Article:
Let me take you back to when I was sick with stomach pains and acid reflux. I had been trying every diet imaginable and the latest one was Paleo. I ate strict paleo for almost a year. Because Paleo is heavy on meat and vegetables our average monthly grocery bill was $1200. We do have a family of six. I was the only one who was on the Paleo diet but dinners were made so that I could eat them too.Read More
We had another chicken death this week. This time it was an animal that got into their coop at night. I think it was a raccoon because it had to be something nimble enough to open a door against gravity. The raccoon or what ever it was had a good meal and left the carcass. Having animals kill the chickens is hard because it’s always quite a gruesome scene.Read More
My family has a subtle way of telling me whether or not dinner is delicious. They will fight over who get the leftovers for lunch. Occasionally if it’s something especially tasty it will disappear at breakfast. When you have a family of six it’s almost always a race to get to the food first. Asian Beef Noodle Soup is a fought over dish! My kids like to take to school for lunch and the leftovers are always gone by the next day.Read More
This year I did one seed per block for my peppers and tomatoes and it was a failure. My peppers I got less than 50% germination. The tomatoes was around 80-90%. I’m going to have to sow more peppers, this time I’ll do four seed per block to make sure I get the germination I need. Also I have new heat mats now so that should help! It was a great learning experiment.Read More
There is a Part II to gardening that often gets forgotten. It demands attention and yet is scarcely mentioned in the gardening community. It is: How to use the vegetables after they get picked and need to be eaten. Sure, most of us know how to nibble on cherry tomatoes and enjoy some steamed peas but I’m not talking about that. I’m talking about using those vegetables for your everyday cooking and knowing how to do that with confidence.Read More
Last Saturday we had a thunderstorm followed by wind gusts of 50mph. A power pole about a mile from our home snapped in half, leaving live power lines scattered across the road. We were without power for seven hours while they repaired it.Read More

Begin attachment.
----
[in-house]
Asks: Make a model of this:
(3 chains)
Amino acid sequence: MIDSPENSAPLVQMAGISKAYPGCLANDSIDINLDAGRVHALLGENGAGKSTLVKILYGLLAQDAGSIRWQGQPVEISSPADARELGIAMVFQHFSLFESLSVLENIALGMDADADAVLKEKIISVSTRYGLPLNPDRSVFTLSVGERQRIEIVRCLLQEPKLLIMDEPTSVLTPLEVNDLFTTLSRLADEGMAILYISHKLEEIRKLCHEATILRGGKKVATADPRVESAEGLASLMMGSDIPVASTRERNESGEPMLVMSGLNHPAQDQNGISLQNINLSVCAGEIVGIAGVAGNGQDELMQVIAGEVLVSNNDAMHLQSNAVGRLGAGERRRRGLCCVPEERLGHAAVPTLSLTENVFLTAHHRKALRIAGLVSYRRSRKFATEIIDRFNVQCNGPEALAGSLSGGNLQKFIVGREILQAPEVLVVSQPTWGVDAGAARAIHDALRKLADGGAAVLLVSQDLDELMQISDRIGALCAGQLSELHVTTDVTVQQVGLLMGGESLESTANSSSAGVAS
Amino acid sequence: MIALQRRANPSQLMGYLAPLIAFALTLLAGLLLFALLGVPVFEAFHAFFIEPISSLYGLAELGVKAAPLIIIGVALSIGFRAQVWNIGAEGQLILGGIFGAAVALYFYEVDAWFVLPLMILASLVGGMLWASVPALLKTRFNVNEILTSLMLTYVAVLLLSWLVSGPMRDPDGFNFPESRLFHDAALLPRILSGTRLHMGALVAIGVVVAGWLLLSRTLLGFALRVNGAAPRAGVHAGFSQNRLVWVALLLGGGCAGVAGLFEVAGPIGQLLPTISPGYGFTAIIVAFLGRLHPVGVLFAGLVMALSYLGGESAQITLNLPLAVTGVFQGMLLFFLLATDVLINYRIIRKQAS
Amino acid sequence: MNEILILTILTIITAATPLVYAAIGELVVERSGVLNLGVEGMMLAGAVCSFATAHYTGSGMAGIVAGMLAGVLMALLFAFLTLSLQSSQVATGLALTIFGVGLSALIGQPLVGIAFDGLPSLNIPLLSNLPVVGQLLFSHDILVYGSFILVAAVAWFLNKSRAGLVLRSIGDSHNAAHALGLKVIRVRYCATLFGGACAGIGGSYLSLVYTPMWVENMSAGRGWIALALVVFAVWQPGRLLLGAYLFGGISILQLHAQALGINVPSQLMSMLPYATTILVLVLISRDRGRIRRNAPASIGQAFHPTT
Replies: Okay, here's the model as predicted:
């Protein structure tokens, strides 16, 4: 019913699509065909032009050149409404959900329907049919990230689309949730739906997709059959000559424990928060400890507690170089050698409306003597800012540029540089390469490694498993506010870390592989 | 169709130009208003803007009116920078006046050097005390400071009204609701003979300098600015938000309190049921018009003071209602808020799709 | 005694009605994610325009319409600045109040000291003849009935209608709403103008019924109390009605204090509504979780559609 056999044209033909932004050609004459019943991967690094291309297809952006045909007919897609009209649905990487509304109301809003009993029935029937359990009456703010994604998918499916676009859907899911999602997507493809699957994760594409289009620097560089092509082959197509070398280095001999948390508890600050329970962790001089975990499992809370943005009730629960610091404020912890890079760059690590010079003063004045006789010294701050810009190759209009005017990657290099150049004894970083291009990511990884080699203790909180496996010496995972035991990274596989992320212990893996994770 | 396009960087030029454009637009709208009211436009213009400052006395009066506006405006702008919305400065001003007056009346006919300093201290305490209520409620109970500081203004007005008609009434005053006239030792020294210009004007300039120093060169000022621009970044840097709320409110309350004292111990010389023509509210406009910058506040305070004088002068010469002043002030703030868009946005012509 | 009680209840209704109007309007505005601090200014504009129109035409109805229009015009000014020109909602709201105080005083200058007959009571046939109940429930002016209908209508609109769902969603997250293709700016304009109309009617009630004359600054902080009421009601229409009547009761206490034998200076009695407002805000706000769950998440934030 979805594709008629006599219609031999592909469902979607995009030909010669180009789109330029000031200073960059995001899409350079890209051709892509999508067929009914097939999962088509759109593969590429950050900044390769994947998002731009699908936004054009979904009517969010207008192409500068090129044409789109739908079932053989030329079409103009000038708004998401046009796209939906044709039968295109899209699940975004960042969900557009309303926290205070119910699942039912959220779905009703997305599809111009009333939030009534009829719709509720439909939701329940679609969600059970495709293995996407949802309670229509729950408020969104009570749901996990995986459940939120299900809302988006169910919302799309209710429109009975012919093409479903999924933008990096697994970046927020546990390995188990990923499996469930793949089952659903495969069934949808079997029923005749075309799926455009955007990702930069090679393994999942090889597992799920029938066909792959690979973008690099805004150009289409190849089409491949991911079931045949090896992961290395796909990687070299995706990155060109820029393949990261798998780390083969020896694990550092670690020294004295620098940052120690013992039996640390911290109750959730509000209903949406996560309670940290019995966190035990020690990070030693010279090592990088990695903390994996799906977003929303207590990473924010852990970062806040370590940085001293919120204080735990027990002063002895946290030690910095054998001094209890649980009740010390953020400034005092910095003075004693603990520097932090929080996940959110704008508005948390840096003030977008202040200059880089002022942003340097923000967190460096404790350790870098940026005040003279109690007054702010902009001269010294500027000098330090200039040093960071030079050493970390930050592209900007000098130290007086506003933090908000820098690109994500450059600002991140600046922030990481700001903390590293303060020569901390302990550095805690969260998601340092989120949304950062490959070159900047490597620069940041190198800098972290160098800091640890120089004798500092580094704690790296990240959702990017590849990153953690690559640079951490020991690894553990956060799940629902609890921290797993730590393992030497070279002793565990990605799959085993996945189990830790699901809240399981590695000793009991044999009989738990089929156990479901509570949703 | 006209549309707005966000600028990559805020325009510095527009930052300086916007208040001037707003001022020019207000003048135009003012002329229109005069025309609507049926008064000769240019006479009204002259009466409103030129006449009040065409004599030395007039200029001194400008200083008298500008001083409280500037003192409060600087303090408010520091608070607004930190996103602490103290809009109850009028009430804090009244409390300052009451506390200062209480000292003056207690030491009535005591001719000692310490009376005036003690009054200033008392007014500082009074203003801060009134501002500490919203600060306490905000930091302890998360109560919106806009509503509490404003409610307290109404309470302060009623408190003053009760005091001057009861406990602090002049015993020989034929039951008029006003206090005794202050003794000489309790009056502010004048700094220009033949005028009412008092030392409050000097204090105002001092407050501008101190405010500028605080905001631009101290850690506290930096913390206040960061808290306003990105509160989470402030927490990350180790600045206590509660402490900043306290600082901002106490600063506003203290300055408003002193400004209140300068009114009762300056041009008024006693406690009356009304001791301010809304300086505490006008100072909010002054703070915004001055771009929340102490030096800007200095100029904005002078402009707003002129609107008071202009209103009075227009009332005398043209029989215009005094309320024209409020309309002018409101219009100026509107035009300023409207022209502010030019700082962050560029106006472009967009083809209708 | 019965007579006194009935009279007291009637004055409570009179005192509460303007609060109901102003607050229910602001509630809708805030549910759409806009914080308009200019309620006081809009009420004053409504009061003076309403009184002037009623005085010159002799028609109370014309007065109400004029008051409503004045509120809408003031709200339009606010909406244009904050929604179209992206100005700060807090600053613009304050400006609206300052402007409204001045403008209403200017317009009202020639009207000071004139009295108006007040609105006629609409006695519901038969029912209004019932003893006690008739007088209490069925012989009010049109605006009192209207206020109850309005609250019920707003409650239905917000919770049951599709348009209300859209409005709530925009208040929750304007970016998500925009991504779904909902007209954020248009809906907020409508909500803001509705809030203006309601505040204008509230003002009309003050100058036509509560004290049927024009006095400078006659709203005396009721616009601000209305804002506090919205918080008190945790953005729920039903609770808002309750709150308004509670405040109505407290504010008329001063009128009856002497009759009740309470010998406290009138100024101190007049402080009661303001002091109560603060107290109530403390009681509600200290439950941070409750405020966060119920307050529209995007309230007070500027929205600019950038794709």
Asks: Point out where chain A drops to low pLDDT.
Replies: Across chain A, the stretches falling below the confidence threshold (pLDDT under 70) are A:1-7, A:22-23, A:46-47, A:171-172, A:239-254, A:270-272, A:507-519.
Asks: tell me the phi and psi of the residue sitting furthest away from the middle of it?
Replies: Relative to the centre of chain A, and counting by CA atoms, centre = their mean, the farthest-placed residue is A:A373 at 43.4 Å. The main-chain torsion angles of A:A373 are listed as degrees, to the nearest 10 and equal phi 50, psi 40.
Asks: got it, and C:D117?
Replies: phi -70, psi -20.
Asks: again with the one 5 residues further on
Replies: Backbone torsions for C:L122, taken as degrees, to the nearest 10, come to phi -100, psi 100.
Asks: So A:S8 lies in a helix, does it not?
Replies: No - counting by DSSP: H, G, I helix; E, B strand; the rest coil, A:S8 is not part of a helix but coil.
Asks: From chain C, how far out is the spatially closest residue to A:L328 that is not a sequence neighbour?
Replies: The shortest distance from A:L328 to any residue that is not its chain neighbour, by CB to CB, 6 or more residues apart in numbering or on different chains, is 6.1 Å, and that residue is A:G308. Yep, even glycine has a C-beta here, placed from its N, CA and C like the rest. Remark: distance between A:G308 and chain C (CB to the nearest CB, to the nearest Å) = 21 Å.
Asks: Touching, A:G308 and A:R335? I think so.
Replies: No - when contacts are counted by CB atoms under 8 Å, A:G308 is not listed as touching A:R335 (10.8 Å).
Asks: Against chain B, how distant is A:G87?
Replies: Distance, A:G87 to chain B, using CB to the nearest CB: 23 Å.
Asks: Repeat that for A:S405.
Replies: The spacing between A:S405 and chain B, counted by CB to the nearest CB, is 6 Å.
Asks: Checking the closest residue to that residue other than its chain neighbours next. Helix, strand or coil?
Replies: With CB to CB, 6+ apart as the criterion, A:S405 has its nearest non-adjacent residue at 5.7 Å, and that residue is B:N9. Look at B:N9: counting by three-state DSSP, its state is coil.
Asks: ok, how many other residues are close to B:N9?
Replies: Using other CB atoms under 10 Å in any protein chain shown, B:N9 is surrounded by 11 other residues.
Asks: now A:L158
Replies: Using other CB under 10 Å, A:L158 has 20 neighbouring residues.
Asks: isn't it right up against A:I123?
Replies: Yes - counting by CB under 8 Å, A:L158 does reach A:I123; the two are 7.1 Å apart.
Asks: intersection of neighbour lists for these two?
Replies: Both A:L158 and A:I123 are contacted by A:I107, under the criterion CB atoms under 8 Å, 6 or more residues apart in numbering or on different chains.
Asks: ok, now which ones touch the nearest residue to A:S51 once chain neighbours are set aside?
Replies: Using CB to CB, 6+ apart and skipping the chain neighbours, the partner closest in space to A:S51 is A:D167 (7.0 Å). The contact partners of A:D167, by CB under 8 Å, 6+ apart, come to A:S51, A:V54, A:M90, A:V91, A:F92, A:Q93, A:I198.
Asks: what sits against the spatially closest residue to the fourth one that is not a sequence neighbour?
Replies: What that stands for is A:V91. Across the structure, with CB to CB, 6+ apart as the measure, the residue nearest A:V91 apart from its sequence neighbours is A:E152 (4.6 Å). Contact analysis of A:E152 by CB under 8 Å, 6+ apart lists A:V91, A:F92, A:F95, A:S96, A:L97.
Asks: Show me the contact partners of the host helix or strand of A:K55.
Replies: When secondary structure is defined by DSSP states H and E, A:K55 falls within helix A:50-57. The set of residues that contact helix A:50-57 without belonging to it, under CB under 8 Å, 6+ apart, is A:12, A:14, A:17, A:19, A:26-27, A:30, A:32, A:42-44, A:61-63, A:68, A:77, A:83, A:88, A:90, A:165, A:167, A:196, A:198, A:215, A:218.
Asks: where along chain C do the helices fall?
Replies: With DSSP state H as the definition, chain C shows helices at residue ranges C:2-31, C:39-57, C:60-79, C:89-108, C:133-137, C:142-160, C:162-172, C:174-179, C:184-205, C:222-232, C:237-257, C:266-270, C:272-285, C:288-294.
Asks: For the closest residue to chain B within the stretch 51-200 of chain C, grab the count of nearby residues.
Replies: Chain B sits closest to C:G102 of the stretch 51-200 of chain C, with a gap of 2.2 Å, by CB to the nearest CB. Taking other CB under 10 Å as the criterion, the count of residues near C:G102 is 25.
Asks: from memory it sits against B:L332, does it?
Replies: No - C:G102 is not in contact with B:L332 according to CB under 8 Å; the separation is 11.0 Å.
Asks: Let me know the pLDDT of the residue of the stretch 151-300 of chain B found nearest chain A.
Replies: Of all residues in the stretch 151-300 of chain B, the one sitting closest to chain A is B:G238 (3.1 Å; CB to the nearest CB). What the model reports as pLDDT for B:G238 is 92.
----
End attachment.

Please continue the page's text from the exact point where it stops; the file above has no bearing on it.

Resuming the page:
Tip #1 Plant at the right time of year.
This is a major key in growing broccoli successfully. During head formation broccoli plants need cool days and cool nights. In most of the United States they can be grown either in the fall or in the spring.
Spring planting: Start seed indoors before 8 to 10 weeks before the average last frost. Transplant into the garden 3-4 weeks before the average last frost.
Fall planting: Start seed indoors 15 to 17 weeks before average first frost of fall. Transplant outdoors 10-12 weeks before average first frost of fall…Read More
I’m at the point where winter just keeps dragging on and the gray days seem eternal. Thankfully, I can work on my gardening indoors to fight the winter blues!
This week, I seeded peppers. 36 plants so far. I will do at least another half tray to make 50+ peppers. Last year I didn’t have enough Jalapeno plants to keep up with my salsa making so I’m attempting a better balance this year!Read More
A few weeks ago, some of our good friends were planting apple trees and were asking me the basics you need to know for planting apple trees. In responding to their questions, I realized it’s not quite as simple as it seems. The act of planting apple trees is not complicated. But if you want apples in years to come there are some important things you need to know before the tree goes in the ground.
I’m going to cover several points.
Selecting a variety that works for your area and how you want to grow. (Organic or Conventional)
Where to buy quality trees.
Selecting the correct pollinators for your tree.
When to plant.
Where to plant. (Spacing and Location)
If this week had a theme it would be pruning! I finished the rest of my pruning that needed to be done before spring. I pruned:
I am confident in my pruning skills in everything except the apple trees. They still have me scratching my head a bit.Read More
In order to understand how to prune blackberries it’s important to understand the basics of how blackberries grow. Blackberries are perennials. This means that the root system will live for many years. The root system produces new canes yearly. Canes produced are biennial and die after two years.
The first year of growth on a blackberry is called a primocane. For many varieties of blackberries (though not all) this is primarily a vegetative year of growth and will not produce fruit.
The second year of growth on a blackberry is called a floricane. Floricanes will bear fruit.Read More
We spent the last week in Florida on vacation for a family reunion for Cameron’s family! After all our planned activities were done, I had to get over to a you pick farm! Oranges are in season in February so we were able to pick a few different kinds, temple and pineapple oranges…Read More